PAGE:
“We came here to challenge Ben-Gvir’s decision and the decisions of all of the right-wing government,” Palestinian activist Khairy Hanoun, who was at the protest on Monday, said, in reference to far-right Israeli minister Itamar Ben-Gvir, who vowed to push ahead with the village’s forced evacuation.
“We came here to tell them, you demolished our villages, you demolished our cities and our homes, but you will not demolish our perseverance,” he told Al Jazeera. Palestinians will keep rebuilding it, even if the Israelis “demolish it 100 times,” he said.
Meanwhile, Eid Jahalin, who described himself as a spokesperson for the village, told the TV network the Israeli practice of demolitions are "constantly happening across all of Palestine."
“Since 1967, there have been military orders for demolishing homes, closed military zones and others, and then these areas are transformed into illegal settlements and nature reserves,” Jahalin said at the protest. “Our fate is to remain in this area,” Jahalin said. “Whoever thinks that it is just Khan al-Ahmar – there are demolitions in the Jordan Valley, demolitions in Masafer Yatta, in al-Quds city – it is something constantly happening across all of Palestine.”
He underscored the importance of the village as it lies near a highway that connects East al-Quds to the Jordan Valley where Israel aims to expand and link settlements, effectively cutting the West Bank into two. “Our main message is to the Palestinian leadership: … If this village is uprooted. we will have the northern West Bank and the southern West Bank,” Jahalin said.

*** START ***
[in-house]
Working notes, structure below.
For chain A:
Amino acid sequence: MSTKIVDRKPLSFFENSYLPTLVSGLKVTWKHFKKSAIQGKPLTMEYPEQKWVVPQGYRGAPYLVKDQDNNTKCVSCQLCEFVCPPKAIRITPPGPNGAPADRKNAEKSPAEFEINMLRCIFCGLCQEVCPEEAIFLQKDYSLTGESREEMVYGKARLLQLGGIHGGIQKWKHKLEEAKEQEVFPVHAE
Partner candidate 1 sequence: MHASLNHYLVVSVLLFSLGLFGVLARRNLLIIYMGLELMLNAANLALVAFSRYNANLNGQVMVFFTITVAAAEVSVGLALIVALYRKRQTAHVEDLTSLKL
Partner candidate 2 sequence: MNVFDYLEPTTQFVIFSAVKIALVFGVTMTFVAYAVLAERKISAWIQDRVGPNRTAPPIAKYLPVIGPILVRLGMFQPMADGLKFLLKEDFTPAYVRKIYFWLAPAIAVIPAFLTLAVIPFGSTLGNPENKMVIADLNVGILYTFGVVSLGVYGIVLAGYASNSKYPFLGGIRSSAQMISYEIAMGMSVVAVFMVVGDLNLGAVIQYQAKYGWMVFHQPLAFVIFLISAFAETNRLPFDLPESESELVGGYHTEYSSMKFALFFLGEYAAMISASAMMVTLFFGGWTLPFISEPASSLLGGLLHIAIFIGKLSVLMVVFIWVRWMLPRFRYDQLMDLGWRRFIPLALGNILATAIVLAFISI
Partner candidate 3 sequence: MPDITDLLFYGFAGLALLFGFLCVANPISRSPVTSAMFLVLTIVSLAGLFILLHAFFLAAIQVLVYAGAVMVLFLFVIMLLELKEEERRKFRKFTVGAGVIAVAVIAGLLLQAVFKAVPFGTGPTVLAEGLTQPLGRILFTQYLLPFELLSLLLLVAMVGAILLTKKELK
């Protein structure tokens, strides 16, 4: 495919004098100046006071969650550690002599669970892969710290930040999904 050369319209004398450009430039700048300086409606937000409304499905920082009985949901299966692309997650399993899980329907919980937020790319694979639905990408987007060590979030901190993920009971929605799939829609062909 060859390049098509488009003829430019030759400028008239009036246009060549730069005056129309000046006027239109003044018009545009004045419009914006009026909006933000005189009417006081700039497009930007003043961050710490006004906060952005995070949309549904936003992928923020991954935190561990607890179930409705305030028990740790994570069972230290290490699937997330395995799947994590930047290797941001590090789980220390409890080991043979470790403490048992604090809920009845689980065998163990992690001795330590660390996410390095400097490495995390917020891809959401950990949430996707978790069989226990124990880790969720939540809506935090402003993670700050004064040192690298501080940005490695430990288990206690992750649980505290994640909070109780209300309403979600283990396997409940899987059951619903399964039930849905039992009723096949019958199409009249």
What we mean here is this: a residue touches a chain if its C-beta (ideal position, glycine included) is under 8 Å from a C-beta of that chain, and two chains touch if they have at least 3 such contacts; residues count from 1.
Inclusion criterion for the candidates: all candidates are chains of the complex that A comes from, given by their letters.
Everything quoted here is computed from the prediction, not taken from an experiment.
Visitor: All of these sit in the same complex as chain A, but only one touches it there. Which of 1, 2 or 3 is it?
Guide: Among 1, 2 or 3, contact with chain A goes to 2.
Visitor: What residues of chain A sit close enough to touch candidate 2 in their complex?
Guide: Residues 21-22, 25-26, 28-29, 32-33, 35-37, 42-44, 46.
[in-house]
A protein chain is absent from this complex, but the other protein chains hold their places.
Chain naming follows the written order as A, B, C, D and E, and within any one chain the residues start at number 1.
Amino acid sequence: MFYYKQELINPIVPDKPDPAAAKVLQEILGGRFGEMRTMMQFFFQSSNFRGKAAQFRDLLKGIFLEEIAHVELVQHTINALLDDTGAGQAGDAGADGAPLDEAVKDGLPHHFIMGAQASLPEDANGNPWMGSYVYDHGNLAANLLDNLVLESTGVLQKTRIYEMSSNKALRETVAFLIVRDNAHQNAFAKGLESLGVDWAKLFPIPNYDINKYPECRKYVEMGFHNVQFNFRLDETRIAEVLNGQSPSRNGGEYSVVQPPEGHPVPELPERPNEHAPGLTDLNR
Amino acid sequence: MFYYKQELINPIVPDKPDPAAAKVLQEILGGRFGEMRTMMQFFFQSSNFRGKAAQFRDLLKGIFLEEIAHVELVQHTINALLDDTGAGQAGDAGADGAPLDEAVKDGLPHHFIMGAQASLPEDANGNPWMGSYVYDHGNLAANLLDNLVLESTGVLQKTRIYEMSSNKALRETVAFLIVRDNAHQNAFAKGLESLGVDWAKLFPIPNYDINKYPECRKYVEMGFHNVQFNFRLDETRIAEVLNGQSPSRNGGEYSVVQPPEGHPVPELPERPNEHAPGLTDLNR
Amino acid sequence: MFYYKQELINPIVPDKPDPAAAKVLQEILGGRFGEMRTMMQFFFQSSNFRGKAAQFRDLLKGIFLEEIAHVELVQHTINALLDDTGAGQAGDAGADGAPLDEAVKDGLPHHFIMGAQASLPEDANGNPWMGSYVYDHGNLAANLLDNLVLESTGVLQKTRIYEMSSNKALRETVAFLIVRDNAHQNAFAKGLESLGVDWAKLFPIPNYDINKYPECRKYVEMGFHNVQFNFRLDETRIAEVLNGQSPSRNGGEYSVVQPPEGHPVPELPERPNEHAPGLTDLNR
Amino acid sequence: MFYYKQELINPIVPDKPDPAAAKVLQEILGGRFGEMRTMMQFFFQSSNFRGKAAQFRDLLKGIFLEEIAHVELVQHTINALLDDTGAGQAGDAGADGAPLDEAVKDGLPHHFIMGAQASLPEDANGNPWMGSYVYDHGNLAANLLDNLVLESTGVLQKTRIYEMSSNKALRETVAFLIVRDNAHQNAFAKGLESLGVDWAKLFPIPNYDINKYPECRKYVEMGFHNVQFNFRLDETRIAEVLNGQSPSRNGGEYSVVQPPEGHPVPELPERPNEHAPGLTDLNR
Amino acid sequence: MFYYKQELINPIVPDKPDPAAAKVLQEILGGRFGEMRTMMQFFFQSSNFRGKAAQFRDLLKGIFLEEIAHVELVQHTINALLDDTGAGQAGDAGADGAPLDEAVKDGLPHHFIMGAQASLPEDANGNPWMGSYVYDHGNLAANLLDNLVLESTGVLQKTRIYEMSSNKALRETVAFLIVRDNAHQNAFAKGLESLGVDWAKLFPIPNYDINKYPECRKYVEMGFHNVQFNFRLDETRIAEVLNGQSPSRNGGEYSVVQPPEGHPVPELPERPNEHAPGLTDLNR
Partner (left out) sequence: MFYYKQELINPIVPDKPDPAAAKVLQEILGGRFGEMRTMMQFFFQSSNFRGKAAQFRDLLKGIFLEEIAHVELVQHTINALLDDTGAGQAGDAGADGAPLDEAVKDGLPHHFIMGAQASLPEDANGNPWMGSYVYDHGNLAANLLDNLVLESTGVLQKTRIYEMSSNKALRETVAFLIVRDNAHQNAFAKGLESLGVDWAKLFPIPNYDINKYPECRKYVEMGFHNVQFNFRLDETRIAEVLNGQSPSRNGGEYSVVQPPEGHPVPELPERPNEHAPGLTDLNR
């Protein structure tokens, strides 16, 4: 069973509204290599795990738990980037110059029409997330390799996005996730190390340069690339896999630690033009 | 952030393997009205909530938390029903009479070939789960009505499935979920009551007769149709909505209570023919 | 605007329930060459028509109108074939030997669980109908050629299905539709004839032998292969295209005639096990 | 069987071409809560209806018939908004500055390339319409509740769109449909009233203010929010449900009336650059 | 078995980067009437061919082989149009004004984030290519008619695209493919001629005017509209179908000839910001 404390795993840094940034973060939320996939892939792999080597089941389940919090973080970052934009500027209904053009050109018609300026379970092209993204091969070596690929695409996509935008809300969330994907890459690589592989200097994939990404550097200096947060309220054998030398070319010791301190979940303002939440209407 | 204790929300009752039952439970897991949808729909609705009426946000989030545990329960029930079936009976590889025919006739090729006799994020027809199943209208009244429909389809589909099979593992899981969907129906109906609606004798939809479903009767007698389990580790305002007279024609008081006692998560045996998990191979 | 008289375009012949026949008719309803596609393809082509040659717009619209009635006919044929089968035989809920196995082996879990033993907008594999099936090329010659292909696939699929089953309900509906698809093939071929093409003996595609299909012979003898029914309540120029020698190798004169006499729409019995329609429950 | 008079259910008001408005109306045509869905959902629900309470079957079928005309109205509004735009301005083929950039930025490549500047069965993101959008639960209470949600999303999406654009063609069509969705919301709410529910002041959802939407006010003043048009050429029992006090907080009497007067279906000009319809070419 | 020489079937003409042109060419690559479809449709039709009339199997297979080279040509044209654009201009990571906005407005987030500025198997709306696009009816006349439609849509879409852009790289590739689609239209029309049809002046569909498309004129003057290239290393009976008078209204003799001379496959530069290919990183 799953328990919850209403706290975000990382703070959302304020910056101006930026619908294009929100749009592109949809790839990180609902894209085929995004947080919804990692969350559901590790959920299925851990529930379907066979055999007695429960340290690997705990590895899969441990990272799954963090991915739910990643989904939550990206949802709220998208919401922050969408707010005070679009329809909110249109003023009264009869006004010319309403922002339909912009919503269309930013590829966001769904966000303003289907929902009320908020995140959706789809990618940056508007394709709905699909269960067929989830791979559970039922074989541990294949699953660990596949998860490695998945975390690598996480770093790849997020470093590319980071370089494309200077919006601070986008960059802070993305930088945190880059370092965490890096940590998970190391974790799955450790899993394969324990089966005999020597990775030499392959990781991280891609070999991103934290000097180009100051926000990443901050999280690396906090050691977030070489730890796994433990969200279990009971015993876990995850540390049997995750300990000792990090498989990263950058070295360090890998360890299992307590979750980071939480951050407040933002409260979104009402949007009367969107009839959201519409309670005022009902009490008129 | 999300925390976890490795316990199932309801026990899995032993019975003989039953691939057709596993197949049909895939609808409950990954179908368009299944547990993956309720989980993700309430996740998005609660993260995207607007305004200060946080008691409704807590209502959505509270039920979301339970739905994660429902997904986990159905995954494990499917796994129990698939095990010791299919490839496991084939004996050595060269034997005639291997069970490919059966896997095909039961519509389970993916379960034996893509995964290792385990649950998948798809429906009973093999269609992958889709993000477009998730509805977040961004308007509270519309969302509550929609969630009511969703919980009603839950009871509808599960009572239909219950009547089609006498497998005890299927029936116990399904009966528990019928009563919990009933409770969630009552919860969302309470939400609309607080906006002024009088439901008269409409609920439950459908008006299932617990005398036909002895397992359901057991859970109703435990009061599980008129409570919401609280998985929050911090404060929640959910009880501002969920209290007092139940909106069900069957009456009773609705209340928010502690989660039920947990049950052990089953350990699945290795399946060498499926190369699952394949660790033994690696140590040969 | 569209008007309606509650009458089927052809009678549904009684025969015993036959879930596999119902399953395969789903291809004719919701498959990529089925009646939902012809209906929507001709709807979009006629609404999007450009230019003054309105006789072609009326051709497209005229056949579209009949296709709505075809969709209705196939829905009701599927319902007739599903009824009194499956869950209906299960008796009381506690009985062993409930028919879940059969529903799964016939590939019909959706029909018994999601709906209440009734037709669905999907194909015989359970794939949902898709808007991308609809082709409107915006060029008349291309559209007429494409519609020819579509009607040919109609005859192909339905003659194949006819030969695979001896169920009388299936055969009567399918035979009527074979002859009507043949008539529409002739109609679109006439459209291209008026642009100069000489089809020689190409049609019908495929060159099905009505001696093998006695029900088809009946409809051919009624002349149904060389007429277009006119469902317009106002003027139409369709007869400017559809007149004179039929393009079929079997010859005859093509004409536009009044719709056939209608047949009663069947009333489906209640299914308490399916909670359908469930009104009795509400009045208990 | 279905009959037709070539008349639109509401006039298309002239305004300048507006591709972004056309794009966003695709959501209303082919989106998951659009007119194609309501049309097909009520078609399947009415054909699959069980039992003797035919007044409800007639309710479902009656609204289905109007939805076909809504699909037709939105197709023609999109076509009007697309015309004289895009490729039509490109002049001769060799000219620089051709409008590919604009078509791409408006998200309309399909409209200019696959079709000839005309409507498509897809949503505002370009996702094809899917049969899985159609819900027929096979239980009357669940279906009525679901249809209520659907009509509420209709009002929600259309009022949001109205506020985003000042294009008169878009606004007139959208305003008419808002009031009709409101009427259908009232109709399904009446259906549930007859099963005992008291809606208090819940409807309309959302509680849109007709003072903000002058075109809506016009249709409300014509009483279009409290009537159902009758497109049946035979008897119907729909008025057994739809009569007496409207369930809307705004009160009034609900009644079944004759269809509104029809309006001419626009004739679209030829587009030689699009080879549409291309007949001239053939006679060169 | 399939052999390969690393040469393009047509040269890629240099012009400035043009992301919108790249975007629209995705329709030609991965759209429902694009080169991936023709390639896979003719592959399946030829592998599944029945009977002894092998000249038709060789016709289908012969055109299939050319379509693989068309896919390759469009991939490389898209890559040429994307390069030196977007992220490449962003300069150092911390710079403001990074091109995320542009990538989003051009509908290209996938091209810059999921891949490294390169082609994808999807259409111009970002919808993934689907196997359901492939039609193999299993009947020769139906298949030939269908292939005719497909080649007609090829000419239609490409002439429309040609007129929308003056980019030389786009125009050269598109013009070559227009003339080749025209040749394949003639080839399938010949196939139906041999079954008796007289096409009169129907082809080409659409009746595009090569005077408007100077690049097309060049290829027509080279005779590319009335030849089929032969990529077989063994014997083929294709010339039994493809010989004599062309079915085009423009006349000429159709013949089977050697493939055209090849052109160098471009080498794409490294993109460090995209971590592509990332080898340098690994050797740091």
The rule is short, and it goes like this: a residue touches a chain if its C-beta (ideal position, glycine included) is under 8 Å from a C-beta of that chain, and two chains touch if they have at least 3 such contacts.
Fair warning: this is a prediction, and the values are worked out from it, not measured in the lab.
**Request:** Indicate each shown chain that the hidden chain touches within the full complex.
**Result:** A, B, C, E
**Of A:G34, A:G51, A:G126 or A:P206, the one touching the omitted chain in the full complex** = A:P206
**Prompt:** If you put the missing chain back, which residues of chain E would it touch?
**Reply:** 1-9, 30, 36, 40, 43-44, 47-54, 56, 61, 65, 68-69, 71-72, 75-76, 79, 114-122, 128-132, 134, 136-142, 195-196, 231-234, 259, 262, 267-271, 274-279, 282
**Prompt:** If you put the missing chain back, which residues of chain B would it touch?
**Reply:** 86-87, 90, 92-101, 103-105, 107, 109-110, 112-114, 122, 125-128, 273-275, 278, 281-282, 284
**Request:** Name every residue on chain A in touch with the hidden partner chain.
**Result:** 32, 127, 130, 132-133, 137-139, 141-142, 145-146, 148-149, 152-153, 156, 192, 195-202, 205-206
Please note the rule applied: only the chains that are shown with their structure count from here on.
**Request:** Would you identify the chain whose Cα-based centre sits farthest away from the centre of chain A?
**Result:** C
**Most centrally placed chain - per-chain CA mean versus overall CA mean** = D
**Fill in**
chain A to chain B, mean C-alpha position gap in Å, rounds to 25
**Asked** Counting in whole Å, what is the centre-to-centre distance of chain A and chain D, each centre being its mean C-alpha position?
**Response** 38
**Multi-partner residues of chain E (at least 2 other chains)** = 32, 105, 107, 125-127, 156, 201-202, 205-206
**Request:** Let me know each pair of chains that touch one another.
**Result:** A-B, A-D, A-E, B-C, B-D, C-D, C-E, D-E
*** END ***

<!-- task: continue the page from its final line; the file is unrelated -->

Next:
Israel routinely demolishes Palestinian houses in the West Bank and East al-Quds, claiming the structures have been built without the so-called Israeli permits, which are almost impossible to obtain. They also sometimes order Palestinian owners to demolish their own houses themselves or pay the costs of the demolition if they do not.
The legal adviser for the Palestinian Authority’s Committee against the Wall and Settlements says the PA would not allow the village to be demolished. “This is Palestinian land. It is private Palestinian land,” Maarouf Rifai said. “There is no excuse for the Israeli government, other than to develop the ‘Greater al-Quds' plan and to link the settlements surrounding East al-Quds in order to clear this area from Palestinian Arabs. We are here to raise our voices to say that we will not allow this to happen.”
More than 600,000 Israelis live in over 230 settlements built since the 1967 Israeli occupation of the Palestinian territories of the West Bank and East al-Quds. All Israeli settlements are illegal under international law. The UN Security Council has condemned Israel’s settlement activities in the occupied territories in several resolutions.
Source: Press TV#Palestine #Israel 23-01-24
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